Responding to Disaster – Wherever it Comes
Responding to Disaster – Wherever it Comes
Long-term recovery is just that . . . long.
Saturday, October 29 marked the fourth anniversary of Superstorm Sandy’s devastating arrival on the northeastern shoreline. On that weekend, communities throughout New York and Connecticut gathered to remember, offer support, and recognize both the achievements and the challenges facing the continuing recovery effort.
For too many families the anniversary represented the fourth year they have been unable to return home, or worse – the fourth year of living in damaged, moldy, unsafe conditions. Heading into their fourth winter since Sandy, there are still several thousand families who have not yet received – or have been denied – assistance from government-backed rebuild or (required) elevation programs.
Through June 2016, the NYAC Sandy Recovery Ministry provided assistance to more than 1,550 Sandy-affected families including more than 100,000 volunteer hours. Though having downsized this past July, the ministry continues to provide assistance to Sandy-survivors through its collaboration with CT Rises, the Connecticut Long-term Recovery Group, and the St. Bernard Project (formerly Friends of Rockaway) in New York. At this point, the majority of requests coming through the unmet needs tables are for temporary relocation rental assistance, mortgage assistance, and licensed contractor services.
For most, it will still be many months before they will be able to return to their homes.
Hermine and Matthew
Meanwhile, homeowners, business owners, and many others in North Carolina, South Carolina, Georgia, and Florida are only beginning their recovery process. As of November 2, the Federal Emergency Management Agency (FEMA) had received almost 161,000 applications for assistance, with more than 150,000 of those the direct result of Matthew. These numbers reflect only those who have registered with FEMA. This number will only increase as time goes on. Out of the news are areas of West Virginia and Louisiana, severely affected by rain and storms earlier this year. As with Sandy, these recovery efforts will extend for years.
Despite the resources available through federal, state and local agencies, the voluntary and faith-based sectors are, and remain, a critical part of any recovery effort. A FEMA senior voluntary agency liaison has put out this plea, “As Matthew and Hermine fade from the national news please know that the disasters in each of the states are in need of volunteers and financial donations for recovery which is just beginning.”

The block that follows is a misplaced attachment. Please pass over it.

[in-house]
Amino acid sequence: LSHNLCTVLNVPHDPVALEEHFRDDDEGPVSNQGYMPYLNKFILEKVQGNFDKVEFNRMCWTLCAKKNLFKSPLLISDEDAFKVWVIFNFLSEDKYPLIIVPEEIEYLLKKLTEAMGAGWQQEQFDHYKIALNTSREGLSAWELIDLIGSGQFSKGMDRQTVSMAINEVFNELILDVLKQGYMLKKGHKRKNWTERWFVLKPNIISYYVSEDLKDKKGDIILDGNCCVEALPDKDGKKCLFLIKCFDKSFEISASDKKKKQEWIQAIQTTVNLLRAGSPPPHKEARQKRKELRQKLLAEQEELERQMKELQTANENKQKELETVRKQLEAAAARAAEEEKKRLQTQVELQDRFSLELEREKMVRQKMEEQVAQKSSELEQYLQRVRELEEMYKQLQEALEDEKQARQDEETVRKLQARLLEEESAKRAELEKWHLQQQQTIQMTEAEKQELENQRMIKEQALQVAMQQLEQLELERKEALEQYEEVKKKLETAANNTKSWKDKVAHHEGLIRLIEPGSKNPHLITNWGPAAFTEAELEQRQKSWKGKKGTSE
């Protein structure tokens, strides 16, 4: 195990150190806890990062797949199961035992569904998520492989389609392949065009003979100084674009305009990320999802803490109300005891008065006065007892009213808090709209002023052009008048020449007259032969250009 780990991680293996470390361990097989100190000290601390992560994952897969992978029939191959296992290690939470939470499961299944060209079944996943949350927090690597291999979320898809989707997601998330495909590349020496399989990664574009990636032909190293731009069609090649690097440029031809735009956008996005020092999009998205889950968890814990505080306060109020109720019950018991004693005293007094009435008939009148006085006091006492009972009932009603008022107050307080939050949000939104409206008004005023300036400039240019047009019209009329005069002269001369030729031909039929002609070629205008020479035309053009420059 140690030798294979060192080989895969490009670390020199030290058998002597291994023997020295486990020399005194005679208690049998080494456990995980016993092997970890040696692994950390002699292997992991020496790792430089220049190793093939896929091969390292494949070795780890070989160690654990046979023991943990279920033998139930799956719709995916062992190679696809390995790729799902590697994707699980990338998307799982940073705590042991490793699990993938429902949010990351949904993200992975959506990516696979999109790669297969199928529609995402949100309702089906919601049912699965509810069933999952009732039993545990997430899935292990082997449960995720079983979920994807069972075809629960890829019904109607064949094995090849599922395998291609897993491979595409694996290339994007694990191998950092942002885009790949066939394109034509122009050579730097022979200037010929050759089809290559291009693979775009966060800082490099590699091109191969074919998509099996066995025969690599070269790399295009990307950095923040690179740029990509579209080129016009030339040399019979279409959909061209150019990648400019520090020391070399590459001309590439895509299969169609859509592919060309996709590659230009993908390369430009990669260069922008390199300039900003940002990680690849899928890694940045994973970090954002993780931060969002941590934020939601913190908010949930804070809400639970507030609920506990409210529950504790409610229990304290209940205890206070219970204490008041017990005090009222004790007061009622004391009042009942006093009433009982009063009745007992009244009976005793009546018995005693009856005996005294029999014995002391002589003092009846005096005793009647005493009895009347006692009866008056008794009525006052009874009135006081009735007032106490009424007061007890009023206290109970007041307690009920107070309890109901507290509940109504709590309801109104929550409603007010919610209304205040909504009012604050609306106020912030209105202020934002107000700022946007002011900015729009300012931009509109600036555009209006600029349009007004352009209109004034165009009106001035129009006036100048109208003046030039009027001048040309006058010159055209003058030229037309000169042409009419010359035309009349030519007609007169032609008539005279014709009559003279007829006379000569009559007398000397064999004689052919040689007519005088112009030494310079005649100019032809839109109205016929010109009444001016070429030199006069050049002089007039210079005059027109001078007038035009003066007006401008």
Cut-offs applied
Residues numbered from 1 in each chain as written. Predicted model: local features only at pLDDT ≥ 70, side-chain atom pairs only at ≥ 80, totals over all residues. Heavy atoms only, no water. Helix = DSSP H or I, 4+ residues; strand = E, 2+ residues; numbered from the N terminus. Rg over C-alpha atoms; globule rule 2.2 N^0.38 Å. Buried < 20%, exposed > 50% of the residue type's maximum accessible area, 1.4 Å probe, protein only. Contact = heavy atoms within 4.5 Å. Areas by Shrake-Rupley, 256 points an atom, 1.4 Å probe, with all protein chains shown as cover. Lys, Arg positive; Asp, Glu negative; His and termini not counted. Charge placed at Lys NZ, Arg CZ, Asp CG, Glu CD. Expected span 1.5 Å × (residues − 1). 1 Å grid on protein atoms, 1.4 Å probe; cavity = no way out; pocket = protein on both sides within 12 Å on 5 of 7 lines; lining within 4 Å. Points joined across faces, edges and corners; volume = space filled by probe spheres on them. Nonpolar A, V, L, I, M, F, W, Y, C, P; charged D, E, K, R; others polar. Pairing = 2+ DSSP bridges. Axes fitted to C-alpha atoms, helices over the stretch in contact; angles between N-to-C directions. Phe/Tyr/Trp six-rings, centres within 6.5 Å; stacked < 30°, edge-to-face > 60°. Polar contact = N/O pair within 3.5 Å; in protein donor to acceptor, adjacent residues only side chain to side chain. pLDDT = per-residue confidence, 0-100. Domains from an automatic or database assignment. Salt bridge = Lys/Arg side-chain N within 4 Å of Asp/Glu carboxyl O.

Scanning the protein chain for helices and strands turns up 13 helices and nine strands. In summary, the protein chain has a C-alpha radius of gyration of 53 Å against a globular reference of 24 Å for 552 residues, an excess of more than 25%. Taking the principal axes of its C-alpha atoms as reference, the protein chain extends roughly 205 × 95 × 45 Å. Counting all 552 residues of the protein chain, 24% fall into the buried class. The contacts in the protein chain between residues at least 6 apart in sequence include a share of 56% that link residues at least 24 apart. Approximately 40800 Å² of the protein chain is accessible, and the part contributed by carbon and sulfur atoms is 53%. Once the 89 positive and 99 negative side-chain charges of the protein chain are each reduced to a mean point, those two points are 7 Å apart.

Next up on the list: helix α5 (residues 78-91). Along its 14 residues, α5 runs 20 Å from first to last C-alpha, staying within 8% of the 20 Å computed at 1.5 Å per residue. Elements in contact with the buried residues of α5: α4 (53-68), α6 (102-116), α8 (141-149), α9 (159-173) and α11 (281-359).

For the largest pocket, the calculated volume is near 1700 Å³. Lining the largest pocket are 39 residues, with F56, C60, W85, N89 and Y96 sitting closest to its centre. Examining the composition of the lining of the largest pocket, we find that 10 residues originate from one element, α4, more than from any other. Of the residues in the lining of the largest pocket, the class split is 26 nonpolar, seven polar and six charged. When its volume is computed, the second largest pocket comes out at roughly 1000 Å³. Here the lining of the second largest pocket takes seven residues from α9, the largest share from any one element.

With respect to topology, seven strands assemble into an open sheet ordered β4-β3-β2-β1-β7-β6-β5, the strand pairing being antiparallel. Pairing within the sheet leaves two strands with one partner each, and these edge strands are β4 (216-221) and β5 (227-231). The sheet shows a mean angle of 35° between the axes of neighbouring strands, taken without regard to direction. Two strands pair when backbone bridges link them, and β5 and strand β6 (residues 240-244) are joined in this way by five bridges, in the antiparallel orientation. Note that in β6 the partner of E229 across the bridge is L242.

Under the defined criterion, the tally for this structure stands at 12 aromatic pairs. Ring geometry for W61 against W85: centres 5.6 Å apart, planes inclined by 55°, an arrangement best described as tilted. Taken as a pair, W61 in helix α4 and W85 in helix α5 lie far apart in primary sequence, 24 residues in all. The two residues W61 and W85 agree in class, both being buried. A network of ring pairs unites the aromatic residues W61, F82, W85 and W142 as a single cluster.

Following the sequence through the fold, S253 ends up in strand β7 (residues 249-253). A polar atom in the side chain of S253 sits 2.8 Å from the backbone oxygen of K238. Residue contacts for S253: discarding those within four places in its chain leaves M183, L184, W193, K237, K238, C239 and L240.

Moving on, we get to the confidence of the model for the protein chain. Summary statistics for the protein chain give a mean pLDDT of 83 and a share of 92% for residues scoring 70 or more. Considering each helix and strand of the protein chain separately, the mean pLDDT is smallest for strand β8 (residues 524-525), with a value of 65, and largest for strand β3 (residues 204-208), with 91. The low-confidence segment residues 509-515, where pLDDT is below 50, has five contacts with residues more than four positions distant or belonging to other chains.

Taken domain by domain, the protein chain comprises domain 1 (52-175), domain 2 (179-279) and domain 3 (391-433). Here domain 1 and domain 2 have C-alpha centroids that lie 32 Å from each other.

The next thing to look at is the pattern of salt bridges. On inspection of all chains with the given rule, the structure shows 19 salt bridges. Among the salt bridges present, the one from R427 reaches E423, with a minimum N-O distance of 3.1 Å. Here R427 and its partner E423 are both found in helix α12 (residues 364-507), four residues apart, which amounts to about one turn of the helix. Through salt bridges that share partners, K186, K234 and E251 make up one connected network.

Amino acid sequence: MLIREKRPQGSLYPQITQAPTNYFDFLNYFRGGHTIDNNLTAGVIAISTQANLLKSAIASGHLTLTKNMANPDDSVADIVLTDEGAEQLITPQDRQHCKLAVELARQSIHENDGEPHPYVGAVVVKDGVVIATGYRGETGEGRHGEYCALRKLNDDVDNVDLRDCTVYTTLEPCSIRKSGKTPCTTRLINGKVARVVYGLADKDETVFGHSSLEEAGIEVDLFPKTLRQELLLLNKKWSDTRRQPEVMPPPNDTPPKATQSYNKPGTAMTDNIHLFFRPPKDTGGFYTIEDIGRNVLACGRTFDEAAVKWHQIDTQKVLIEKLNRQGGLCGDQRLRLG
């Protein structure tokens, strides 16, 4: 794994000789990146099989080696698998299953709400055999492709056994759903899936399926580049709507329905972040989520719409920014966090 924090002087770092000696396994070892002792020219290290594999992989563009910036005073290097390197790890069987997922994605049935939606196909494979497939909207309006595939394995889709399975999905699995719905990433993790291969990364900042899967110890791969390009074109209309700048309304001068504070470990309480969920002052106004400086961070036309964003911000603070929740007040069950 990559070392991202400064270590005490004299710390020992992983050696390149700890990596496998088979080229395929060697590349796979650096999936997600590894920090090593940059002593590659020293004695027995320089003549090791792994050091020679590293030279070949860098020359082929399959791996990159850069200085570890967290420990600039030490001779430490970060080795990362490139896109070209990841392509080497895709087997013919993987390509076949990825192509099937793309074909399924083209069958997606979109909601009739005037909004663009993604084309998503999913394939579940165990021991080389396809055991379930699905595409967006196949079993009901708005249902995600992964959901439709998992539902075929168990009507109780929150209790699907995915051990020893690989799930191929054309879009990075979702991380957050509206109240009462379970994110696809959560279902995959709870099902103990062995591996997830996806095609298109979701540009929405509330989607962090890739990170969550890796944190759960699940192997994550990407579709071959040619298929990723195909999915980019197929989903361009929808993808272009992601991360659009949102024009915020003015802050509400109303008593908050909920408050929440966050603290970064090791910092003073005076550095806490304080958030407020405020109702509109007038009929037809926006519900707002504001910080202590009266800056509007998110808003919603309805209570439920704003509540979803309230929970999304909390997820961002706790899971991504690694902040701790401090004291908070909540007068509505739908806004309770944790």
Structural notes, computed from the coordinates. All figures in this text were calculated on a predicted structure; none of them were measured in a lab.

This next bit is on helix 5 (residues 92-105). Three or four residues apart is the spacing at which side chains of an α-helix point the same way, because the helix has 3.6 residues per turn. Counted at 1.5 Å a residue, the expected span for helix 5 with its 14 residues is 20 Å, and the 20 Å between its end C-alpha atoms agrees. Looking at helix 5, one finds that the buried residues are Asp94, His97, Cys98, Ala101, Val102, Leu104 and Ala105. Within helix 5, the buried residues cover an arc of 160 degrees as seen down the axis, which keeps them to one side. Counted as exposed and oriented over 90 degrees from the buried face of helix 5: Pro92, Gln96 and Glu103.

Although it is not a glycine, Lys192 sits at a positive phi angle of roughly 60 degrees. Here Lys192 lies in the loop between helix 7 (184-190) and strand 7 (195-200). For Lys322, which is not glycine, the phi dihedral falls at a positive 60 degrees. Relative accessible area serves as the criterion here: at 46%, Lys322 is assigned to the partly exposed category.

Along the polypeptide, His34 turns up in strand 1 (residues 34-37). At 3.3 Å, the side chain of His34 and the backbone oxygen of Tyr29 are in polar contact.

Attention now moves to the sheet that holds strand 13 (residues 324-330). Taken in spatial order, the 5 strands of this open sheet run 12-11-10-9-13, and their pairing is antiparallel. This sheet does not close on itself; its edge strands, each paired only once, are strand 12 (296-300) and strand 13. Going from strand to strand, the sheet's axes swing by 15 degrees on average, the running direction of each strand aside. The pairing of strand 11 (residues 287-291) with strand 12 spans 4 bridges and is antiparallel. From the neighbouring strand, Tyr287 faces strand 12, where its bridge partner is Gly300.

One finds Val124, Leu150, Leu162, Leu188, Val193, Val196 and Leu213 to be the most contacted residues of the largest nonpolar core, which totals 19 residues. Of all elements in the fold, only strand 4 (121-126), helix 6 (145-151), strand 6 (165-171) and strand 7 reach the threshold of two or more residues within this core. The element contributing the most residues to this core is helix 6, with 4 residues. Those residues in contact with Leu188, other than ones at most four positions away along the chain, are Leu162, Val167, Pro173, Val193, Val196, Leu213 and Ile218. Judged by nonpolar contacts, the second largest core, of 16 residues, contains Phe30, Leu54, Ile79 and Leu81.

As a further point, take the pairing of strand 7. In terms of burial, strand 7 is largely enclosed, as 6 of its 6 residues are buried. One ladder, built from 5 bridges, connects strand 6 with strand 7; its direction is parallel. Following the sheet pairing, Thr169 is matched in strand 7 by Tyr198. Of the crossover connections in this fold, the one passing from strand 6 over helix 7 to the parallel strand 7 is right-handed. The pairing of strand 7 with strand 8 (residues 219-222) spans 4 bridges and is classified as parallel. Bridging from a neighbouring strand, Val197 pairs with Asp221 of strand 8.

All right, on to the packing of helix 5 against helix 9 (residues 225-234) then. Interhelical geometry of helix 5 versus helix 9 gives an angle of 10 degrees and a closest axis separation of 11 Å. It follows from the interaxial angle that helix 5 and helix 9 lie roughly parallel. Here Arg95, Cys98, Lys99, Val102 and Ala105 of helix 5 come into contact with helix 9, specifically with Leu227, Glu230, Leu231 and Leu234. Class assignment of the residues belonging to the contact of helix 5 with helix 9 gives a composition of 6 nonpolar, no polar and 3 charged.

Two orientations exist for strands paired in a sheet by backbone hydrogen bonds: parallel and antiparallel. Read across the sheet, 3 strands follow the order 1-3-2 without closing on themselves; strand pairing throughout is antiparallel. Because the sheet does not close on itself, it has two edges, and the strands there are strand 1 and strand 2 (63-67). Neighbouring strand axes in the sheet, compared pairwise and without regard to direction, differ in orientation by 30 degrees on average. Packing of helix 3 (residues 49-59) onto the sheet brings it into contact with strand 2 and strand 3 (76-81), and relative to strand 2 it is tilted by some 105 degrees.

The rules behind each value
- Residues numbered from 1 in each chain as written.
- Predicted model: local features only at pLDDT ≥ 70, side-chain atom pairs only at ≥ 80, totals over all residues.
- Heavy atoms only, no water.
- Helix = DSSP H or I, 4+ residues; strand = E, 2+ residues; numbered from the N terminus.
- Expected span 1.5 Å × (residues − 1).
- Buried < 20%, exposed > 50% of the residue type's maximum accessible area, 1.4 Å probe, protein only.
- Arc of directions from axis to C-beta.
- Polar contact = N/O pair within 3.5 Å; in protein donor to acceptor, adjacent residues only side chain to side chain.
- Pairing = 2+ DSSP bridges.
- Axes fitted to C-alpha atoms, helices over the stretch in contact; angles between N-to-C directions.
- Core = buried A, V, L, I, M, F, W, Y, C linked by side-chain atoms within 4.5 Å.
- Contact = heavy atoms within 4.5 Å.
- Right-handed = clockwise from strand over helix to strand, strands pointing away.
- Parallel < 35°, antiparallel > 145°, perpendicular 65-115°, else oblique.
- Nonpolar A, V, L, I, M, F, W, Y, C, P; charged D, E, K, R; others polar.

A Call to Action
Friends, as so many came to assist us following Sandy, the call goes out for us to respond in a like manner. At a recent Metropolitan District Council on Ministries meeting, I challenged the district to develop and send a response team to one of the recovery areas next spring. I put that challenge out to each of our districts, to each of our congregations, to all of our early response teams, to former team leaders and members as well. If need be, we have experienced persons who will work with you and walk you through the process.
What a testimony it would be if we could send out a team a month throughout the spring, summer, and fall of 2017.
If you are willing to serve as a team leader for an early response team (ERT) or long-term recovery team please contact Tom Vencuss at firstname.lastname@example.org.
And remember - that for so many, long term recovery is just that . . . long!
May God inspire us, lead us, and bless us in this work.
Coordinator of Disaster Recovery Ministries
Update on Haiti
Recent reports are that more than 1,000 people have died and 800,000 people are at risk in Haiti as a result of Hurricane Matthew. The areas most affected were on the western part of the island, many of which were already fragile agriculture and economic communities. Matthew devastated farms, crops, livestock, and homes; compromised water sources; and took lives. Cholera and exposure are both concerns. Further complicating recovery efforts is the fact that there is one major road leading into the recovery area and several bridges were compromised or destroyed. It has been described by international aid agencies as a humanitarian crisis. Yet, it has largely been out of the news.
UMCOR has been working through its in-country coordinators, and convoys of trucks from the Methodist Church of Haiti in Port au Prince have been going into the recovery area, bringing emergency food and water, tarps, medical assistance, and other supplies. Volunteers with long ties and experience in Jeremie have been flying in with chainsaws, emergency supplies, and other equipment. The situation remains critical.
Rev. Tom Vencuss, our disaster response coordinator, who coordinated the UMCOR/VIM earthquake response program, has been working with leaders of the Methodist Church of Haiti and mission volunteers to develop a structure and plan for the deployment of volunteer teams into the recovery areas. Volunteer teams will not be deployed until January at the earliest.
Tom and Wendy Vencuss, coordinators of Mountains of Hope for Haiti, the NYAC mission in Haiti, will be in country November 15-21 to meet with church leaders, visit the recovery area, and assess the situation for volunteer engagement.
If you are interested in leading a team to Haiti please contact Tom at email@example.com.
Go to these links on the conference web site for additional information and updates:
Training and response information
Bishop Bickerton’s suggests ways to respond
Hurricane Matthew: Report #2 from Eglise Méthodiste d’Haiti